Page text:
The newest and largest plant in operation, Royal Dutch Shell’s giant Pearl plant, also in Qatar, cost the leviathan sum of $19 billion, more than three times its original projected cost, and has been plagued with unexpected maintenance problems. BP and ConocoPhillips built and briefly operated demonstration plants in Alaska and Oklahoma, but stopped short of full development of the technology. Exxon Mobil and ConocoPhillips announced plans to build giant plants in Qatar, but backed out, putting their capital instead into terminals to export liquefied natural gas.
“The reason you see so few G.T.L. plants is the economics are challenged at best,” said William M. Colton, Exxon Mobil’s vice president of corporate strategic planning. “We do not see it being a relevant source of fuels over the next 20 years.”
Many analysts and industry insiders say the technology makes sense only when oil and gas supplies and prices are far out of balance, as they are today in Qatar and the United States. When oil and gas come into alignment, gas-to-liquids ventures will become white elephants, these skeptics say. Environmentalists also say that the huge energy inputs required to transform natural gas into diesel or other fuels negate any greenhouse gas benefits.

Why 2012 was the best year ever

Why 2012 was the best year ever » The Spectator:
It may not feel like it, but 2012 has been the greatest year in the history of the world. That sounds like an extravagant claim, but it is borne out by evidence. Never has there been less hunger, less disease or more prosperity. The West remains in the economic doldrums, but most developing countries are charging ahead, and people are being lifted out of poverty at the fastest rate ever recorded. The death toll inflicted by war and natural disasters is also mercifully low. We are living in a golden age.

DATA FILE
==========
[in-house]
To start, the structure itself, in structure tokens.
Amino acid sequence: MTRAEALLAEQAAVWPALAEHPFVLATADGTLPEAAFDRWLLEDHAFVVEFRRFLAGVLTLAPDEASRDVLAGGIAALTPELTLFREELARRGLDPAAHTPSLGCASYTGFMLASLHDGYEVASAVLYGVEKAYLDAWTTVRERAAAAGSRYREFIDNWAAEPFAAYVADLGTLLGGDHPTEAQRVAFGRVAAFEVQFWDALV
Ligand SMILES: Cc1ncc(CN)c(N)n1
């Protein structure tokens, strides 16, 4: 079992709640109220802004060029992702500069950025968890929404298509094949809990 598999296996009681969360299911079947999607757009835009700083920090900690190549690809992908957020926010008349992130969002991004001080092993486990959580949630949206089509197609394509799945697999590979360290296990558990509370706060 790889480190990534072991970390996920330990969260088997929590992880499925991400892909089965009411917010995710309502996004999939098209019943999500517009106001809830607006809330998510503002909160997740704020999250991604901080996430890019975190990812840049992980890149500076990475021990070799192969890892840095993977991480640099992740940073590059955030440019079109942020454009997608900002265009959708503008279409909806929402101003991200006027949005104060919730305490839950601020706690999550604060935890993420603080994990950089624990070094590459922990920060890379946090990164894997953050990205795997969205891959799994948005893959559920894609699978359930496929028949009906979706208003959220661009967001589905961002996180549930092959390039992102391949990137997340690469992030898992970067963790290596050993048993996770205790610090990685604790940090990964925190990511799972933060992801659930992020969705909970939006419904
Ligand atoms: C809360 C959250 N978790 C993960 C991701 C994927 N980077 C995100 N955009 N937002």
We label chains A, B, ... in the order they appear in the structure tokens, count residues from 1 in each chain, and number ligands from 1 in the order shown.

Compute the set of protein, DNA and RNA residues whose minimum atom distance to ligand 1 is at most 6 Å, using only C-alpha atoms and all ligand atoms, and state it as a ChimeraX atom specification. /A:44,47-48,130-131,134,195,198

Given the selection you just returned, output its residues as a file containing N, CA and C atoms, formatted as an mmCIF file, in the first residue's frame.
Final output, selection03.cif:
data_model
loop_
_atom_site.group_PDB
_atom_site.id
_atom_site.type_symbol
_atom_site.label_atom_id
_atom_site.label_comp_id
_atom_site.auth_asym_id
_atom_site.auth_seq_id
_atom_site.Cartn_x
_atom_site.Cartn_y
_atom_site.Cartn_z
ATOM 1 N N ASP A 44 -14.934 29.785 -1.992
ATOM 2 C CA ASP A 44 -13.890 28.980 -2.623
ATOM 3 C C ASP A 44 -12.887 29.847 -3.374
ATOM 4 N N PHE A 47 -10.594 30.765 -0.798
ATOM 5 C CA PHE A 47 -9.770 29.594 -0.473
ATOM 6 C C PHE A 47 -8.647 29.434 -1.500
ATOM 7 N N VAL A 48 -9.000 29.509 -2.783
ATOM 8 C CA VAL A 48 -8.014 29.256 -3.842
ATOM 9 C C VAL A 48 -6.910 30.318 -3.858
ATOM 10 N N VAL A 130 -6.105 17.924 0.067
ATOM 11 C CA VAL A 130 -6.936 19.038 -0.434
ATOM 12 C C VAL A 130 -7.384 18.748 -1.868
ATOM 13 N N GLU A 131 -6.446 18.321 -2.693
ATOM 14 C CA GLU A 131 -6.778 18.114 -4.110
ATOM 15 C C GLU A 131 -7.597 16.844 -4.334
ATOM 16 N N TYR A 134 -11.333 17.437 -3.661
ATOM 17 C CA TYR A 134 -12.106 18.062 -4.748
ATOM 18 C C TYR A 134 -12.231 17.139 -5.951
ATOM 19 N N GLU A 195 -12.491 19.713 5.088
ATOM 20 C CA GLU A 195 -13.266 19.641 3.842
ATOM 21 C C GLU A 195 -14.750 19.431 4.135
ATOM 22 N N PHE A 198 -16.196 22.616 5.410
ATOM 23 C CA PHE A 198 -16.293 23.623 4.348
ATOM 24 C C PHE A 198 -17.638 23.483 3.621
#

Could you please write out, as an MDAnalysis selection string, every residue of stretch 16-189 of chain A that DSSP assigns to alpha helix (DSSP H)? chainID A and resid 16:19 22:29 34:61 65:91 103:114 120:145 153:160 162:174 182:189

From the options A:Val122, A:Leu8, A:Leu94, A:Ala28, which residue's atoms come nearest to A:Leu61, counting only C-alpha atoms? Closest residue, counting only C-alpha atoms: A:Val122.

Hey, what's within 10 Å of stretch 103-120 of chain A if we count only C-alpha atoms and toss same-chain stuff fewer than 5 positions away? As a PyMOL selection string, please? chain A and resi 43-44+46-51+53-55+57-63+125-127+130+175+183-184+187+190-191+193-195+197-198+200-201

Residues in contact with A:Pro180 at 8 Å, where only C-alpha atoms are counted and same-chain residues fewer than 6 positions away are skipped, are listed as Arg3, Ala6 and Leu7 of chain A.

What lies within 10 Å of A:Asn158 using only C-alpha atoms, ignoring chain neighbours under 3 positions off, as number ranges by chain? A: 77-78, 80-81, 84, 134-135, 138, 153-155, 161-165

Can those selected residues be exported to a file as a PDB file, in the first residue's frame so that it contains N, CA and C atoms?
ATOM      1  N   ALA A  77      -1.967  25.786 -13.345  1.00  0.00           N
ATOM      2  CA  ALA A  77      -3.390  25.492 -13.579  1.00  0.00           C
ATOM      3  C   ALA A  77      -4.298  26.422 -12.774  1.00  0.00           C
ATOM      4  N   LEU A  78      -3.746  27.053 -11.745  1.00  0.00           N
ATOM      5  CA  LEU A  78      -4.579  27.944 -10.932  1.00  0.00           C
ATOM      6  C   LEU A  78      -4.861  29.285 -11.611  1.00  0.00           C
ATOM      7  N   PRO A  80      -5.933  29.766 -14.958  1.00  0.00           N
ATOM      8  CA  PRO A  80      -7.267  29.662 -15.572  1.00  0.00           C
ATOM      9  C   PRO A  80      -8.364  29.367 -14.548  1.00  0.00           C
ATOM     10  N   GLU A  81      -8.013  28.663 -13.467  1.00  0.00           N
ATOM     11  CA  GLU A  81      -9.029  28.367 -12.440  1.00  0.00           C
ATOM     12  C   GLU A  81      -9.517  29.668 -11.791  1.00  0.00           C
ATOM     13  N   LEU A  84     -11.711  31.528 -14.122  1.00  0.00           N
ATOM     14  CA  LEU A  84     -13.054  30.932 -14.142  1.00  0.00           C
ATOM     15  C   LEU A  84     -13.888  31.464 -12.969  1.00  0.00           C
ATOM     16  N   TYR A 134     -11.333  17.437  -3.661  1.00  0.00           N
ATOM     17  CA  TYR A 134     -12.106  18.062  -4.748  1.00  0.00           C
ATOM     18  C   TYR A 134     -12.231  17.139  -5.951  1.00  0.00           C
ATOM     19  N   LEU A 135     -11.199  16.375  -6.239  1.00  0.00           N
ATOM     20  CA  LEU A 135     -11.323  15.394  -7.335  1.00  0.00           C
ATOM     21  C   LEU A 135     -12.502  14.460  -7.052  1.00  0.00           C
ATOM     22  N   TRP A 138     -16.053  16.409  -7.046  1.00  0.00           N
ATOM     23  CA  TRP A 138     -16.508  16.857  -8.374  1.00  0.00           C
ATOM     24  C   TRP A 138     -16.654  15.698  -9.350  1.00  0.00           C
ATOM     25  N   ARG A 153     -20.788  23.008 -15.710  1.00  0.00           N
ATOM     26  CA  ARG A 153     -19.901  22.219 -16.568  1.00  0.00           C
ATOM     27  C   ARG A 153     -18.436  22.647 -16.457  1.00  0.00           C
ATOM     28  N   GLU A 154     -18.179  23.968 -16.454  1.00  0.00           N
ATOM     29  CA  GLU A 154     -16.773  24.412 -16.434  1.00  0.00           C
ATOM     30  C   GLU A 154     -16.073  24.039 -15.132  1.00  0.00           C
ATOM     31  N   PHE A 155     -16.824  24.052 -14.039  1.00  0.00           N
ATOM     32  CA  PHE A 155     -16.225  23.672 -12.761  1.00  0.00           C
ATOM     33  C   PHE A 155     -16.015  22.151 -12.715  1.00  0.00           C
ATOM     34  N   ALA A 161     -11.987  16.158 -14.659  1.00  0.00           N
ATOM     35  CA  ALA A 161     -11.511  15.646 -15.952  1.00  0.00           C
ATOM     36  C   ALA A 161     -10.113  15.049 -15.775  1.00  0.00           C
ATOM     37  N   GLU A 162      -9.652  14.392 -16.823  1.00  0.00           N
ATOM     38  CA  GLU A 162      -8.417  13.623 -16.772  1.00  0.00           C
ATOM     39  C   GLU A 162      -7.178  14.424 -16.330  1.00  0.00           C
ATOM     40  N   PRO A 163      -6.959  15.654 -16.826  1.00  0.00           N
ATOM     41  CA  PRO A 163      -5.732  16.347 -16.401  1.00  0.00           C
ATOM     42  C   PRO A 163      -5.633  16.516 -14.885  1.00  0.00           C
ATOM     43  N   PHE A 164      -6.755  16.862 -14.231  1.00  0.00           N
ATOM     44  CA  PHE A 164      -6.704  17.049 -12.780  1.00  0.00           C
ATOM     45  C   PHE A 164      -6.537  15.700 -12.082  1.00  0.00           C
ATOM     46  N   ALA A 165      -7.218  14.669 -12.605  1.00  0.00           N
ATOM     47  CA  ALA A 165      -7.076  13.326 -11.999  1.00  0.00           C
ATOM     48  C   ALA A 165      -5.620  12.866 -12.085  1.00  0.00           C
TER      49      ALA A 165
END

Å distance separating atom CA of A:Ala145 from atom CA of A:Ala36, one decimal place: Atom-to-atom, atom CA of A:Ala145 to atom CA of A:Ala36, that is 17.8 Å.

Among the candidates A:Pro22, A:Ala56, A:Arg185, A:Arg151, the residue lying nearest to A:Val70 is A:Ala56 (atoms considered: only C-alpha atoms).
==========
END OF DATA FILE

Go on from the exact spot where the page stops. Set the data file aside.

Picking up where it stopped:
To listen to politicians is to be given the opposite impression — of a dangerous, cruel world where things are bad and getting worse. This, in a way, is the politicians’ job: to highlight problems and to try their best to offer solutions. But the great advances of mankind come about not from statesmen, but from ordinary people. Governments across the world appear stuck in what Michael Lind, on page 30, describes as an era of ‘turboparalysis’ — all motion, no progress. But outside government, progress has been nothing short of spectacular.
Continue Reading at The Spectator:

Sunday, December 16, 2012

US Groups opposing Oil Sands exploitation now have Domestic Natural Gas to Target

A lot of news related to natural gas in the past week, including the UK's blesssing of hydraulic fracturing exploration (fracking), and an S&P downgrade of British Columbia, of carbon tax fame, based significantly on that government's declining revenue from coal and natural gas industries.
Opponents of infrastructure to enable exporting can draw on oil sands opposition, which has served to make oil cheaper in North America than elsewhere, although the discrepancy is much smaller than it is for natural gas.  This is likely to serve as another reason for those wishing to profit from the reindustrialization of North America based on plentiful gas feedstocks to fiance sorta green groups in opposition of exporting.

The Oil Drum's Drumbeat on Friday opened with citing an argument for taxing natural gas,  With a natural gas tax, everyone can benefit argues that allowing exports of liquified natural gas (LNG) would drive up the domestic price - much better to just slap on a tax to drive up the domestic price. (disregarding the fact that higher prices to suppliers are incentive to create more product, and higher prices to consumers an incentive to consume less product - ie. the trade should grow American industry, and the tax should shrink it).